A due-on-sale clause in a mortgage is a contract provision which gives the lender the option to declare the entire amount of the loan due and owing upon the sale or other transfer of the property. A California Supreme Court case, Wellenkamp v. Bank of America (1978) 21 Cal. 3d 943, 148 Cal. Rptr. 379, 582 P.2d 970, declared due-on-sale clauses to be unenforceable. Shortly after this decision, however, the United States Supreme Court found that state laws on this subject were pre-empted by federal law. Fidelity Federal Sav. and Loan Ass’n v. de la Cuesta,(1982) 458 U.S. 141, 102 S. Ct. 3014, 73 L. Ed. 2d 664. After that decision, Congress passed a law, which expressly declared due-on-sale clauses to be enforceable. 12 U.S.C. Sections 1701(i)-3(b)(1).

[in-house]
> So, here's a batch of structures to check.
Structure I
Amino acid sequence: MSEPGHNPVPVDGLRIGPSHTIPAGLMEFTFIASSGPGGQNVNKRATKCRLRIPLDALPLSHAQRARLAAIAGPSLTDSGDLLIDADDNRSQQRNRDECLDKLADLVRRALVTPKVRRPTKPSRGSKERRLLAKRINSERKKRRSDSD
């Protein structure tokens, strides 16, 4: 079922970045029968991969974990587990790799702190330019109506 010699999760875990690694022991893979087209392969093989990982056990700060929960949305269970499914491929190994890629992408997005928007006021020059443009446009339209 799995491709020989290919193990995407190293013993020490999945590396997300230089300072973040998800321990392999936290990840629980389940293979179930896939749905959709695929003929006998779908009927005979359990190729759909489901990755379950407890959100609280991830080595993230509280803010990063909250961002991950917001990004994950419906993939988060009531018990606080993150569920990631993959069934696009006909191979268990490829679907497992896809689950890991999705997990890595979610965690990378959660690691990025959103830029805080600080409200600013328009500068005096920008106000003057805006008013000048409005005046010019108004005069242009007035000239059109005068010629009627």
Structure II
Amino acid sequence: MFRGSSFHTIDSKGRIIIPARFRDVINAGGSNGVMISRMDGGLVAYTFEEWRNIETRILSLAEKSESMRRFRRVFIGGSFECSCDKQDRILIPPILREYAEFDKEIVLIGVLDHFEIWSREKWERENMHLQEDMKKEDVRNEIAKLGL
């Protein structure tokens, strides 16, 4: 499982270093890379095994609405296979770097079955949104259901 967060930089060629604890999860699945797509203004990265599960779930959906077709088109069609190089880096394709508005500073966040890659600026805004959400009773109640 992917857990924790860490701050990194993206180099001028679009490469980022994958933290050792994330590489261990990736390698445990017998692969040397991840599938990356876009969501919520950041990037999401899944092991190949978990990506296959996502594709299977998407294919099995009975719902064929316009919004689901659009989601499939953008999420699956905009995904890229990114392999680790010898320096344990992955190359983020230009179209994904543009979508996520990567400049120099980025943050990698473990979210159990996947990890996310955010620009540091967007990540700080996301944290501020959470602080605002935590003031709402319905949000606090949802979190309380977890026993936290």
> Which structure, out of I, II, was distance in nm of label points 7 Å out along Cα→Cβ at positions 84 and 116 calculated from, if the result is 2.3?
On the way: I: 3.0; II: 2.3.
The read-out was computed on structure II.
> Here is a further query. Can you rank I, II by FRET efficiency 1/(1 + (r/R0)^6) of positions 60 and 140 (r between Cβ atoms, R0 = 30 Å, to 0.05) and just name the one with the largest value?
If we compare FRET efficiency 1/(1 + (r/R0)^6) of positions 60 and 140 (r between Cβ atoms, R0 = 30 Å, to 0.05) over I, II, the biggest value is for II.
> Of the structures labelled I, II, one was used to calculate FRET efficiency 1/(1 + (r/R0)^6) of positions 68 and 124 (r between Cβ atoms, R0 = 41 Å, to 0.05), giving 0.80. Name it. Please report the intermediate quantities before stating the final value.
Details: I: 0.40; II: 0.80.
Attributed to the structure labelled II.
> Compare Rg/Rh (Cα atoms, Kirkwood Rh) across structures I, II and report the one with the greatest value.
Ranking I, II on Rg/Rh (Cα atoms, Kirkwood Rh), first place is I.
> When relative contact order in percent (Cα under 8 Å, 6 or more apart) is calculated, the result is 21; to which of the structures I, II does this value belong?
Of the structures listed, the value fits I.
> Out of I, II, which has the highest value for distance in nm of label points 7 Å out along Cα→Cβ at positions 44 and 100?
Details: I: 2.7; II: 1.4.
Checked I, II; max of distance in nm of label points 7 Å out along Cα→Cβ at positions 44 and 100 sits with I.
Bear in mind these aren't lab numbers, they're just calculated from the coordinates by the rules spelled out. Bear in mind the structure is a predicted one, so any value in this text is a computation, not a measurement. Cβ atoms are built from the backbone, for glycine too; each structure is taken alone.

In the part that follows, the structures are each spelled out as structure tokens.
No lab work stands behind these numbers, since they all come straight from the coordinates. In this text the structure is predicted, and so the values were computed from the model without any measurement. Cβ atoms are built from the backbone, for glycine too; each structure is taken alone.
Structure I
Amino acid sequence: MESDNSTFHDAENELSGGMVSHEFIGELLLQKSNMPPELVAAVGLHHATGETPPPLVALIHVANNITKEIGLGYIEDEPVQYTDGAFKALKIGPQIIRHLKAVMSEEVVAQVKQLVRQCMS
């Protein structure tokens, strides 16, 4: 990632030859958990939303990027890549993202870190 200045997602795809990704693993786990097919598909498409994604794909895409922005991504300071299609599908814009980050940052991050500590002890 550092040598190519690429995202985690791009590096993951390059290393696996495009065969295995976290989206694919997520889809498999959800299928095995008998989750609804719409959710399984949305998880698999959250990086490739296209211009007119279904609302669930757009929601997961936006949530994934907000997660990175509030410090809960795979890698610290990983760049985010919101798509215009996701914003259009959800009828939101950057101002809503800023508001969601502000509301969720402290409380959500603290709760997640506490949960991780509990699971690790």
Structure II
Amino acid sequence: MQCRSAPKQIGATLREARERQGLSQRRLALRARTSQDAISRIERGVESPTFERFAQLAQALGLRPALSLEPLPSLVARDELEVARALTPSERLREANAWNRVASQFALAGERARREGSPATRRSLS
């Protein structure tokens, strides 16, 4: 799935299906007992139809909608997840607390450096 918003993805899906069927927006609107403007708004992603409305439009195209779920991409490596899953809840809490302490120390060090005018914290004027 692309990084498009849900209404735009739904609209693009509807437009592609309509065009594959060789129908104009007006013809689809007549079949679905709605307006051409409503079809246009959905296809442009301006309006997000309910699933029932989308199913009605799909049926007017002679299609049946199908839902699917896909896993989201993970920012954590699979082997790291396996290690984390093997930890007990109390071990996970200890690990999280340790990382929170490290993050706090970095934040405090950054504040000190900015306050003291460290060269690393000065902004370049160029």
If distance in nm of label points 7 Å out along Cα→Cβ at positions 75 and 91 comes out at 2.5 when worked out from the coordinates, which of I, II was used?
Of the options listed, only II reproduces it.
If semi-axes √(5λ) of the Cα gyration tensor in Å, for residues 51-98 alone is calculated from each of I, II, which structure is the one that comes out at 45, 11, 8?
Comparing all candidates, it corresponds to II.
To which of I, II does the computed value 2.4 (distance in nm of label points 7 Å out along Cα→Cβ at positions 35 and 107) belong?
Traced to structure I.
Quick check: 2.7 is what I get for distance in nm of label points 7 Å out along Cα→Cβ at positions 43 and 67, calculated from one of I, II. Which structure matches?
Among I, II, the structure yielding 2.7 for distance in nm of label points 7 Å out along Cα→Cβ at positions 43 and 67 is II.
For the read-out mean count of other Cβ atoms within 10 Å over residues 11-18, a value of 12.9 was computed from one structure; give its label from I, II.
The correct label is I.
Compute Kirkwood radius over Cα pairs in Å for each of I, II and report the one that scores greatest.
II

Federal law, in short, governs the enforceability of due-on-sales. Federal law does impose some restrictions upon due-on-sale clauses. 12 U.S.C. 1701j(3). In general, transfers of title within a family, such as upon death of the owner, divorce or some similar transfer cannot be used as reason to trigger a due-on-sale clause.